The war of words between retailers and banks over cyber-security failures has moved to the political stage, as lobby groups for both parties petition the political elite on Capitol Hill for legislative action to curb future data breaches.
The first salvo in the ongoing skirmishes between banks and retailers was fired last week by the Retail Industry Leaders Association, National Retail Federation, and National Association of Convenience Stores, which accused banking bodies of using misleading arguments on data security in the media and before Congress.
Arguing that retailers spend more than $6 billion per annum on cyber-security, the merchant lobby quoted stats from a Verizon report that appeared to show that over the past year, 465 (roughly 34%) of breaches took place at financial institutions, while fewer than 150 (less than 11%) affected retailers. They also noted that retailers share some of the costs of credit card fraud and pay for the issuance of new cards when a breach occurs.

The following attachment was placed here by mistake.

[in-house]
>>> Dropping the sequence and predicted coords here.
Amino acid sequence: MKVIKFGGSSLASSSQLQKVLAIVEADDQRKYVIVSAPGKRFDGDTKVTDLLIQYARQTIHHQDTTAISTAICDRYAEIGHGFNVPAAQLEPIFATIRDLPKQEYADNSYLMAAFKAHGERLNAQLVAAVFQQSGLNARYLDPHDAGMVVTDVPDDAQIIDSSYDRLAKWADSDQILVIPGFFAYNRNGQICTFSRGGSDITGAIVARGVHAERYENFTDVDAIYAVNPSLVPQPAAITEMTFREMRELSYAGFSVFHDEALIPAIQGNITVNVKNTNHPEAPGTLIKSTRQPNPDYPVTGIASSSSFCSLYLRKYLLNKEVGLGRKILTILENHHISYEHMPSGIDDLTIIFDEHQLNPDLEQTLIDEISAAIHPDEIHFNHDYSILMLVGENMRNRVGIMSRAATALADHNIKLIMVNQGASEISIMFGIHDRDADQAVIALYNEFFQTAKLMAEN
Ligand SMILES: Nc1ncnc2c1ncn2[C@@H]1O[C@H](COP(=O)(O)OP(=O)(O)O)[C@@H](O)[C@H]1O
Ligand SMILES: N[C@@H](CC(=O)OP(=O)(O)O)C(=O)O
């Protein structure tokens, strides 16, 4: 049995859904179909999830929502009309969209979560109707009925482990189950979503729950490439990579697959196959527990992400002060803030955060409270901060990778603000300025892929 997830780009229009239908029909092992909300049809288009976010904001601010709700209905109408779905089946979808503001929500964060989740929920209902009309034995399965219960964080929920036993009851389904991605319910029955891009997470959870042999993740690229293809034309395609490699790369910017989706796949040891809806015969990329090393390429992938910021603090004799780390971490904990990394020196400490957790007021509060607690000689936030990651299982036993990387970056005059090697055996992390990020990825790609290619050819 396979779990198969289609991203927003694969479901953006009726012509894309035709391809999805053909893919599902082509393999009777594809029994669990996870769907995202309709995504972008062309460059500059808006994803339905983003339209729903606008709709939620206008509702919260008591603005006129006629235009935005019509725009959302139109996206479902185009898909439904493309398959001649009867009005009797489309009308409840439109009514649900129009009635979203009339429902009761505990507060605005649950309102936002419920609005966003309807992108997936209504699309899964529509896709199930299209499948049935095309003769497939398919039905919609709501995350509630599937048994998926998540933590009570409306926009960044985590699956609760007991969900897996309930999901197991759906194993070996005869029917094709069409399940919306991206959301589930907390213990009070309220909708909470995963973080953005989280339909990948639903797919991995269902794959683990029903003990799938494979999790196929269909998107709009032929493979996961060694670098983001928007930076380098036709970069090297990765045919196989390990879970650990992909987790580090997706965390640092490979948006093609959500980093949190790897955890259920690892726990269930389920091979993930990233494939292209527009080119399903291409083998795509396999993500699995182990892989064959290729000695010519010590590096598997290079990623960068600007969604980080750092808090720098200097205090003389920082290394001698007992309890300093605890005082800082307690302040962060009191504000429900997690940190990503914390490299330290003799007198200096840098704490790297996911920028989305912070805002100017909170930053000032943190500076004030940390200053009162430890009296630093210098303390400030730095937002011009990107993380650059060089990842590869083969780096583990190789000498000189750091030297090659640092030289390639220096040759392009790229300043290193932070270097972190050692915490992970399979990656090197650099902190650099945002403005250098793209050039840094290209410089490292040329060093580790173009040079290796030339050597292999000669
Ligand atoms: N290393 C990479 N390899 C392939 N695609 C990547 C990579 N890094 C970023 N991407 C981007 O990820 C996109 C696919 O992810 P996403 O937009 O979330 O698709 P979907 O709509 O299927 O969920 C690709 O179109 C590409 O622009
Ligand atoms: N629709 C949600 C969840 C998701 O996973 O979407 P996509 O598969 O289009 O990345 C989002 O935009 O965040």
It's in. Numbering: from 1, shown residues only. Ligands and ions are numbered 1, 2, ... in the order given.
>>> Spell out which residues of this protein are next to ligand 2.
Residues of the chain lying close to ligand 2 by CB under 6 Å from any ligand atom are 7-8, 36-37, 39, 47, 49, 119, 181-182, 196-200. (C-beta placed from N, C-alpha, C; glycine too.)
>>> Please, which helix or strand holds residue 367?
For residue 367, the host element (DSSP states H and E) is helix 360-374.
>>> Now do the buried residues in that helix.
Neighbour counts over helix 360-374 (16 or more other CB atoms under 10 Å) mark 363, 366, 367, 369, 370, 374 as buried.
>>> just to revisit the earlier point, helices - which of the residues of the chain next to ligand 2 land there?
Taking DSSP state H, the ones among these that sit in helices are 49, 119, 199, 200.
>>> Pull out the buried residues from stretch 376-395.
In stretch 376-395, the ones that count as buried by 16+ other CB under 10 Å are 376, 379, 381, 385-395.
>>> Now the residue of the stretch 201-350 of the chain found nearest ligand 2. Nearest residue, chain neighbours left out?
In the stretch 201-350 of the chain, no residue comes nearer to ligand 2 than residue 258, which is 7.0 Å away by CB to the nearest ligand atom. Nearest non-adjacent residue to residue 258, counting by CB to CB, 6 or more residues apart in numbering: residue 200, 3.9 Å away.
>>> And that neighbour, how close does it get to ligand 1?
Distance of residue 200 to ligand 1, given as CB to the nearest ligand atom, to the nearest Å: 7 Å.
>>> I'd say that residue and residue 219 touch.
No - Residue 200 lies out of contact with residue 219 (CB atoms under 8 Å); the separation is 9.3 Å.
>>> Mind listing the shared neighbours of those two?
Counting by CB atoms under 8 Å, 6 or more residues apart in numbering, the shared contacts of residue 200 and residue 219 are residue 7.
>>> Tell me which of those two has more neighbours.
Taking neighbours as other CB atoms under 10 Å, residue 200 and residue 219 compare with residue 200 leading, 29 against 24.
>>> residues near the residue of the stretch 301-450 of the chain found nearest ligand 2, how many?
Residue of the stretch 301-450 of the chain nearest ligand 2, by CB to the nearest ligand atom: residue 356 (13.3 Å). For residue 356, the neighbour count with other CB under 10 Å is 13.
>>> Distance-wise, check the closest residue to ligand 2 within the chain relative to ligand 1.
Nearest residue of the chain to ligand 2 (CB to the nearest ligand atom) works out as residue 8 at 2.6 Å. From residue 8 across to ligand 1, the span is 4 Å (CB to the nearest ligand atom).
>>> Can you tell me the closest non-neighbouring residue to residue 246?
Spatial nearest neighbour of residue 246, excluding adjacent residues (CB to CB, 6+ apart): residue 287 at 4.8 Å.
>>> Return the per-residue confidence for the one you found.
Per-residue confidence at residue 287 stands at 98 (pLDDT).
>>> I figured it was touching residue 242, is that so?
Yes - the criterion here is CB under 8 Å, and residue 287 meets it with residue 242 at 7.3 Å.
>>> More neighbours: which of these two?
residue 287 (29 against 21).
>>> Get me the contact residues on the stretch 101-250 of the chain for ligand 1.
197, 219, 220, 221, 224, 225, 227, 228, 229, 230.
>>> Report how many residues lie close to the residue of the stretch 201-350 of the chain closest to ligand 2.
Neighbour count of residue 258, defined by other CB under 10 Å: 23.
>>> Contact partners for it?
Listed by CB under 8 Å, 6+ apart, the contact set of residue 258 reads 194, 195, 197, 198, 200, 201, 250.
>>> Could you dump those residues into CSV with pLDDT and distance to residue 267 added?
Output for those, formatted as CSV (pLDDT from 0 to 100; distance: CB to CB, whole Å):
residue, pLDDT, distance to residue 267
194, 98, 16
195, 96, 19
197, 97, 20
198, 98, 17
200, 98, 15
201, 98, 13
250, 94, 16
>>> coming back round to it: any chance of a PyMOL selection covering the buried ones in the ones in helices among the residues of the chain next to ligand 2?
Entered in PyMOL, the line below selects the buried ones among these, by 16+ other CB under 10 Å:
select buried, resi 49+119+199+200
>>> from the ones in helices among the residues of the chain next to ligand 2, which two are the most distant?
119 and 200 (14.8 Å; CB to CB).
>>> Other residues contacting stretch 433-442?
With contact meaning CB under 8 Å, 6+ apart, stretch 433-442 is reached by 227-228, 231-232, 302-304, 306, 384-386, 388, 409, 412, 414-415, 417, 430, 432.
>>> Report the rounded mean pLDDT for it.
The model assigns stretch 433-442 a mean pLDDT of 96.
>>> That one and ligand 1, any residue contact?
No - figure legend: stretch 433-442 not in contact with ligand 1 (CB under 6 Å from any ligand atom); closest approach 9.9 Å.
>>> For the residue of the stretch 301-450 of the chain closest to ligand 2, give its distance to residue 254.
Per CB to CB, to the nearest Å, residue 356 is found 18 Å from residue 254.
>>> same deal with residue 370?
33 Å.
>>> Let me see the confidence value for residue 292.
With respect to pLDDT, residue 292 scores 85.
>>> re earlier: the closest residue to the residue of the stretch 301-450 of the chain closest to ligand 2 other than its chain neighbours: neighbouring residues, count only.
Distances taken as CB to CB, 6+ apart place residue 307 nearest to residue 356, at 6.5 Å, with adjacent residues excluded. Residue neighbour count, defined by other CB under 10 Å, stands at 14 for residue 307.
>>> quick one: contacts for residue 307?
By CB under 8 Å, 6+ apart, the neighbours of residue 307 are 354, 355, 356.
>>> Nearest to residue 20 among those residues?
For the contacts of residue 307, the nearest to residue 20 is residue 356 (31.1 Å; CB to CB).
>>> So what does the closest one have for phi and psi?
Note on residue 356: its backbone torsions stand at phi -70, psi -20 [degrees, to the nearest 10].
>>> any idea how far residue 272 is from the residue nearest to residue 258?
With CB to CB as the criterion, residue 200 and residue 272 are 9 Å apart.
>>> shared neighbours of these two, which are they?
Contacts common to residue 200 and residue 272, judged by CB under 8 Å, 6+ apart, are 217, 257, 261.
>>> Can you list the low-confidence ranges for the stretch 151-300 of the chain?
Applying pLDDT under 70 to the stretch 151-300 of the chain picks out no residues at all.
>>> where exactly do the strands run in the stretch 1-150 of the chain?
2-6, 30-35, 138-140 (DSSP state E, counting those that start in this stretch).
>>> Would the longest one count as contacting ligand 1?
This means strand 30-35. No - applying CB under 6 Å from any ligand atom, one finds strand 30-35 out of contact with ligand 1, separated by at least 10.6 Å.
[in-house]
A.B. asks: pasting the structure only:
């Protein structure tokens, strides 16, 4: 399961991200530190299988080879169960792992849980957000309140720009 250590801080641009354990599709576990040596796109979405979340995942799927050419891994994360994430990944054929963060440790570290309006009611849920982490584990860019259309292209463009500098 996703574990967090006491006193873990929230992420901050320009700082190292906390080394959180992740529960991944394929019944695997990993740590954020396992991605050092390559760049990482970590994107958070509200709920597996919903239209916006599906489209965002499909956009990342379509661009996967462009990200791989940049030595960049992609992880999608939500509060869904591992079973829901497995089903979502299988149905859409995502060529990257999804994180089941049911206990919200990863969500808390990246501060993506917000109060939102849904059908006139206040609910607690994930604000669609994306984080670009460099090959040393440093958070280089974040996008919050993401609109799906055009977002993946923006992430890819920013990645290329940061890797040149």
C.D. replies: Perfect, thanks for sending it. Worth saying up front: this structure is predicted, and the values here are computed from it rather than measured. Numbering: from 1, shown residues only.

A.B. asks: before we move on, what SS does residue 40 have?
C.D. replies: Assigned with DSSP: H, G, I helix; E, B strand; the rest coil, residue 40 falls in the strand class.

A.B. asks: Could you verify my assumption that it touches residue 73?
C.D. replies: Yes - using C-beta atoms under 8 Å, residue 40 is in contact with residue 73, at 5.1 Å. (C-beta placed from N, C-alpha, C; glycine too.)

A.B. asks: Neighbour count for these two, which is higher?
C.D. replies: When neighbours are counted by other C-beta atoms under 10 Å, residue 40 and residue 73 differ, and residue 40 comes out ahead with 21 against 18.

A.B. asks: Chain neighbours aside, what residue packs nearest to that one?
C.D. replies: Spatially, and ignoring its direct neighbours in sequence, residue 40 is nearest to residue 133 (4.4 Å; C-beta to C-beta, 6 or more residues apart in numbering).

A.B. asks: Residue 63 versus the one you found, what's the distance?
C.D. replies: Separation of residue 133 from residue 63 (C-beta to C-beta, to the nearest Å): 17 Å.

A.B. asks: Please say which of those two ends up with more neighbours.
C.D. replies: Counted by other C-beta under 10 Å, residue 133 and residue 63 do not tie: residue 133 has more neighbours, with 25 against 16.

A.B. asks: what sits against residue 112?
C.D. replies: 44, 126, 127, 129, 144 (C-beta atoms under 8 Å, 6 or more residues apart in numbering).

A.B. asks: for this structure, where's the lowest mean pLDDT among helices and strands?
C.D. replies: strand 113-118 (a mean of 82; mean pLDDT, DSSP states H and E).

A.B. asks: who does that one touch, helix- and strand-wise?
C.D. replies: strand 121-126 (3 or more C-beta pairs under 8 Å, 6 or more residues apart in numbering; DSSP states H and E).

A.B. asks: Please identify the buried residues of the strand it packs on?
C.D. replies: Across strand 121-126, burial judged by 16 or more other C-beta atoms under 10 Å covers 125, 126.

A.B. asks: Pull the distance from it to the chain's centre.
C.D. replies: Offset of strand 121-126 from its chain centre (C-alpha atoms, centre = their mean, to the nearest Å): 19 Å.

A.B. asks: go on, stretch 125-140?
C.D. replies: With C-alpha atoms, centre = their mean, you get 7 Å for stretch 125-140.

In a joint letter to Congress dated Wednesday, seven banking trade groups have hit back at retailer claims, stating: "While merchants and financial institutions are both the targets of these attacks, a key difference is that financial institutions have developed and maintain robust internal protections to combat criminal attacks and are required by Federal law and regulation to protect this information and notify consumers when a breach occurs that will put them at risk. In contrast, retailers are not covered by any Federal laws or regulations that require them to protect the data and notify consumers when it is breached."
The banks countered that the Verizon report cited by retailers referred to international incidents of cyber-crime rather than US-centric accounts, and instead called on data from the Identity Theft Resource Center which showed that banks accounted for only 6.2% of breaches in the year to November 2014.
The banks are calling on political leaders to pass legislation that will force retailers to tighten up security following a spate of cyber-attacks that has seen hundreds of millions of consumer account compromised over the past year.
"National consumer notification alone - as advocated by the (retailers) November 6th letter - will not solve this problem," the bank lobby insists. "It is only when coupled with the development of strong internal data protection standards and robust oversight that the retail community will find itself in a better position to protect consumers and their confidential personal financial information from criminal abuse."